Exploring at the intersection of humanities and technology

  • June 13, 2022
Exploring at the intersection of humanities and technology

Scholar-Elect Alex Mentzel talks about how his PhD will bring his three passions - German literature, theatre and technology - together.

I have long believed that at the place where technology and the humanities meet, at the intersection of my three interests of theatre, German and technology, there lies fundamental insight into the questions of our time.

Alex Mentzel

Alex Mentzel has lived many careers and he’s still only in the first part of his life. Brought up in a musical family, he worked as an actor in film, tv and musical theatre, co-founded an app that aims to provide accurate and potentially life-saving information to people living in conflict zones and is now embarking on a PhD at Cambridge which seeks to bring all of that – and his experience of growing up in Germany – together.

Alex [2022] was born in Cologne. His American parents had moved there because they specialised in mediaeval, Renaissance and baroque music and it was easier to make a living in Europe. Alex won a scholarship to the Cologne Cathedral Choir School and would spend his summers at music festivals across Europe, listening to his parents discuss chant or their research into how their music would have been performed in the middle ages. 

When he was nearly nine, Alex’s parents moved back to the US, to Eugene, Oregon, where his father took up a job in the University of Oregon as Professor of Voice. Moving to a small university town from a major city was a huge culture shock for Alex, who had a pronounced German accent. His new friends had parents with ‘more conventional’ jobs, but Alex had the opportunity to spend their summers in Europe, touring with his family. “It was a really unique childhood. It was incredible and I soaked it all up,” he says.

A taste for acting

Alex attended a French immersion school in Oregon and took half his classes in French.  In Germany Alex had played the evil mayor in the Pied Piper of Hamelin and loved it. At the age of 10, he came home from school one day and told his parents he wanted to act. His parents were surprised – they had thought that if he went into the performing arts it would be as a musician. They were supportive, however, and, importantly, realistic about the world of the arts. After first cutting his teeth in community theatre, Alex was cast in his first film, Feast of Love, directed by Robert Benton. He played Greg Kinnear’s nephew. The film, set in Portland, Oregon, is a re-imagining of Shakespeare’s “A Midsummer  Night’s Dream” and was a formative experience for Alex. Benton treated him like a professional actor, there to do his job. “There was an understanding that, even when you are young, you have a lot to offer. That has informed my approach to directing and in technology,” says Alex.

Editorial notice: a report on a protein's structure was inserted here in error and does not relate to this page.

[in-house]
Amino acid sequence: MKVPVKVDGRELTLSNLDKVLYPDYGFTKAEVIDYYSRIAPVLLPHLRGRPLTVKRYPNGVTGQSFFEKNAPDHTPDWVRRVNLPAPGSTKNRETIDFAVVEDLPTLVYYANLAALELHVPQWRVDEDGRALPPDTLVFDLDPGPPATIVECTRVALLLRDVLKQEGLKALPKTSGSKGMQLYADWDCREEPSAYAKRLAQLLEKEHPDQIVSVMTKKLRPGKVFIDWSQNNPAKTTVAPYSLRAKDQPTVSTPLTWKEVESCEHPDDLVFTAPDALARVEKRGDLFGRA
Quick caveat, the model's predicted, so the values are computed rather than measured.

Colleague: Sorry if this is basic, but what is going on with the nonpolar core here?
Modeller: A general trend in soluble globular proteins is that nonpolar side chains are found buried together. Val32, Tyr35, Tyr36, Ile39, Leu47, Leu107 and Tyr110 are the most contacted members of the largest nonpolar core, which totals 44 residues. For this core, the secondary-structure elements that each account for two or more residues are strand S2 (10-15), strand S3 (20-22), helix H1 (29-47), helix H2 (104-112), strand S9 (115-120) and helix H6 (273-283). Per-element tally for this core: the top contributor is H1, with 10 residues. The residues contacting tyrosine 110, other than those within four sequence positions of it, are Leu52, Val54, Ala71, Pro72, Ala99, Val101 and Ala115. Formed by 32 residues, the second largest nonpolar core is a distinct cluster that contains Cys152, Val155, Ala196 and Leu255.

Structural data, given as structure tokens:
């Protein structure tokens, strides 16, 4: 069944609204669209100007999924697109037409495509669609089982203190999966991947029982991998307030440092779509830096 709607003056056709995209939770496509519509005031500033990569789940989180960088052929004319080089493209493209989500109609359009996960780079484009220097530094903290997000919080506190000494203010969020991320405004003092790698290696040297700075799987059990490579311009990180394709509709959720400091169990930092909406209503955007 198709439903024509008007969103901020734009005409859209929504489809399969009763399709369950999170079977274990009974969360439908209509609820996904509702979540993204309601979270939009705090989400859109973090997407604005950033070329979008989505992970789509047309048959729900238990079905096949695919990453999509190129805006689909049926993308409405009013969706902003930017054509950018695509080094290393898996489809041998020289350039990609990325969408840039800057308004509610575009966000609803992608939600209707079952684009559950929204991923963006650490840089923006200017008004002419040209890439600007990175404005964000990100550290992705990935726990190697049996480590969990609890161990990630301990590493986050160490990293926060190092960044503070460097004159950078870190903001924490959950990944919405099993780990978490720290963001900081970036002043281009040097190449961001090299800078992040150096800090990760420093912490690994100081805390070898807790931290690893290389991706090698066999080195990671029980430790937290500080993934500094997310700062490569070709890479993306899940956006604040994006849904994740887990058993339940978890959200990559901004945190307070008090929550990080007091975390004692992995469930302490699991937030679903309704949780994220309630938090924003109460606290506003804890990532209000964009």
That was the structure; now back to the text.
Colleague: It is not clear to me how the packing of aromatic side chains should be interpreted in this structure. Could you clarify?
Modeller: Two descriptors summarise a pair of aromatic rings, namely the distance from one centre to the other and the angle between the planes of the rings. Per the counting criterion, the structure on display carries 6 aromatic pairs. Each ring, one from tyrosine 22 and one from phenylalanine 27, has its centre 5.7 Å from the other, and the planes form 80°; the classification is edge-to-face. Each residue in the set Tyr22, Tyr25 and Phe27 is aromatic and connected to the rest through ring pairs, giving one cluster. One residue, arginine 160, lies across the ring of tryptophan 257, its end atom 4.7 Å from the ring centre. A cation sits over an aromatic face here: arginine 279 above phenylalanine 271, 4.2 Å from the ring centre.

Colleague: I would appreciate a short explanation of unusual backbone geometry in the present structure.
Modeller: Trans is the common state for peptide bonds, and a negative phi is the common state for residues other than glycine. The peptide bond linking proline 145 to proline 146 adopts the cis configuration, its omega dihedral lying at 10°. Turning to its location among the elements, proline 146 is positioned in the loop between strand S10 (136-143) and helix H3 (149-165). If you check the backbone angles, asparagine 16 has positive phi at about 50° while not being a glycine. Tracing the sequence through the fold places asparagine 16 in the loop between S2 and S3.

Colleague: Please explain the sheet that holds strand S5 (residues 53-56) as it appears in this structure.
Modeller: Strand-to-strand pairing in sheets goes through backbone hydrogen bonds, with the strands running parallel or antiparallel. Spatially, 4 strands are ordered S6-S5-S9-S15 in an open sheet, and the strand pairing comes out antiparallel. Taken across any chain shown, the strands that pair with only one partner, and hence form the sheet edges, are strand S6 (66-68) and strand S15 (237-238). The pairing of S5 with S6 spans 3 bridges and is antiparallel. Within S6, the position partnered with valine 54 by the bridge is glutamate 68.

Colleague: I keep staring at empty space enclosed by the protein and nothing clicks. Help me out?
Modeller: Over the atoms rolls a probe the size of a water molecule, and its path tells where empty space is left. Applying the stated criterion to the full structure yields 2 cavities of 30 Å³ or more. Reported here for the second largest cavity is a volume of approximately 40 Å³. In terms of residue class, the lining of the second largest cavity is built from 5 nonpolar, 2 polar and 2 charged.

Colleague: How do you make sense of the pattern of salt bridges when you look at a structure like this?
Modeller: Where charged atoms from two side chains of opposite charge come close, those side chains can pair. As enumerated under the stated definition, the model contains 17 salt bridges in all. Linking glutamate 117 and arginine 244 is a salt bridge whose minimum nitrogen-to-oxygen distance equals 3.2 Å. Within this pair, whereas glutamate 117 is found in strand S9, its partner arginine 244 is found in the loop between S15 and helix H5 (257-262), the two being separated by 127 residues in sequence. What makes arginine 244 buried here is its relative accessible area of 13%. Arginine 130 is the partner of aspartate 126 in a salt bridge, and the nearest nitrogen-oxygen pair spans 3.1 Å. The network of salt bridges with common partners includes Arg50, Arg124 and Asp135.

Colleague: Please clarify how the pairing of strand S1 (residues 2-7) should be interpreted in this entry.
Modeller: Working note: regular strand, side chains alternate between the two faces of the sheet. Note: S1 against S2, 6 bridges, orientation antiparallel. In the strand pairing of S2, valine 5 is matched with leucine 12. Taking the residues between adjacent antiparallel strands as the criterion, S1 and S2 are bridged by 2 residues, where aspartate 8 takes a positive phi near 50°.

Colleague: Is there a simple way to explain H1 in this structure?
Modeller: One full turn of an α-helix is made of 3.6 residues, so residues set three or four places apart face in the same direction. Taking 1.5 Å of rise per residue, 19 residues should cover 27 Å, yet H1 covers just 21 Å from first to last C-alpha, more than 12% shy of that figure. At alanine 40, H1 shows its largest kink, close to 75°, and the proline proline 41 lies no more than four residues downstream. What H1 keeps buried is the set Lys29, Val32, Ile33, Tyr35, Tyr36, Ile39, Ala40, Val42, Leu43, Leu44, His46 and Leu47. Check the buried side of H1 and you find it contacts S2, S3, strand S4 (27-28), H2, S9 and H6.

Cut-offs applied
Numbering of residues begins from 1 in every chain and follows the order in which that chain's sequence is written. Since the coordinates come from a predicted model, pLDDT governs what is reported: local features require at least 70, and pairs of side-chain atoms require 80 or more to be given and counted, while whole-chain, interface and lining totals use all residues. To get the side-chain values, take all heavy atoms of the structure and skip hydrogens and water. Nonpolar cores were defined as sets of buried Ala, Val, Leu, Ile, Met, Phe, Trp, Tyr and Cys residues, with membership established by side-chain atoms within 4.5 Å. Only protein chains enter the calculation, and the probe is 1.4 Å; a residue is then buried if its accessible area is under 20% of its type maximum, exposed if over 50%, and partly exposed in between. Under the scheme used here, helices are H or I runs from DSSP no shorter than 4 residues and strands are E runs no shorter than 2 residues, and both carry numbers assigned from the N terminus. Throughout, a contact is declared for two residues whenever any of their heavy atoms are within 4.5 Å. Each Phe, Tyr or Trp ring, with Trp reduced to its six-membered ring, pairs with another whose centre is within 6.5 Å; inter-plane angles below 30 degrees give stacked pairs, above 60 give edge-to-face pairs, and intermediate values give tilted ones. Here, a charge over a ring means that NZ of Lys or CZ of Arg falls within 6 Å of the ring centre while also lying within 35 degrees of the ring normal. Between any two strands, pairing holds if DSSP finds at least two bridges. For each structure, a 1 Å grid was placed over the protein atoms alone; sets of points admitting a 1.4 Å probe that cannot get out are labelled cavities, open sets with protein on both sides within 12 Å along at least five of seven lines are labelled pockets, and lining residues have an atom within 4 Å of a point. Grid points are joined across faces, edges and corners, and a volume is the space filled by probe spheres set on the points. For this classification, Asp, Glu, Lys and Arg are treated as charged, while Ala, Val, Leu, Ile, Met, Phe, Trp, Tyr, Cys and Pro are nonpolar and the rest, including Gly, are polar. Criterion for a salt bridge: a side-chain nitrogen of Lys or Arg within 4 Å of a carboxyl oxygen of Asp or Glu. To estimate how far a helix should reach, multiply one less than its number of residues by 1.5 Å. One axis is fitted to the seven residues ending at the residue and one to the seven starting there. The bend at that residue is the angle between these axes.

He continued to act as he grew up and returned to singing in his late teens after his voice broke. He says he and his family were wary of moving to Los Angeles despite his burgeoning acting career, wanting to retain aspects of a normal childhood. It was a formative experience, however, mixing professional acting and school work. He was meeting people from different backgrounds and having to bridge different worlds. Alex was homeschooled initially to help accommodate his acting work, but he participated in many local activities, such as community theatre, dance training, sports and choir, which meant he was not isolated at home.

Undergraduate studies

When he finished high school, he considered studying the performing arts and gained acceptances into several prominent conservatory acting programmes. However, he was worried about the cost of such programmes, even with scholarships, and was also keen to pursue other interests in addition to acting. So he accepted a place at the Clark Honors College, a small liberal arts college offering all the benefits of a major research institution housed within the University of Oregon, receiving a scholarship and getting a discount on his fees due to his father’s position. Although he majored in German literature and minored in Theatre Arts, the course meant he had to take STEM classes, which pushed him out of his natural comfort zone. “I discovered a way of problem solving and thinking through STEM which was different to my natural way of thinking,” he says. He adds that the choice of German literature connected him back to his early childhood and was to prove very important in his approach to the theatre and to understanding the world.

During his undergraduate studies, Alex spent two periods in Germany, co-founded a tech start-up and spent time in Los Angeles in the summers studying improvisation at the Groundlings, dance at Millenium Dance Complex and studying acting. That summer also saw him cast as a member of the Warblers in Glee, one of the biggest tv series of recent years. In New York, he auditioned for the role of the band leader Wallace Hartley for a production of Titanic which was due to transfer from the West End. He went straight from a callback to a costume fitting for the role, but like many shows, the musical was cancelled before opening night.

Alex’s venture into the tech world came about by chance. He had just returned from a fellowship in Frankfurt and Berlin studying Brechtian theatre at the Goethe Universität and working as an assistant director at the Künstlerhaus Mousonturm, a theatre that often collaborated with refugee ensembles.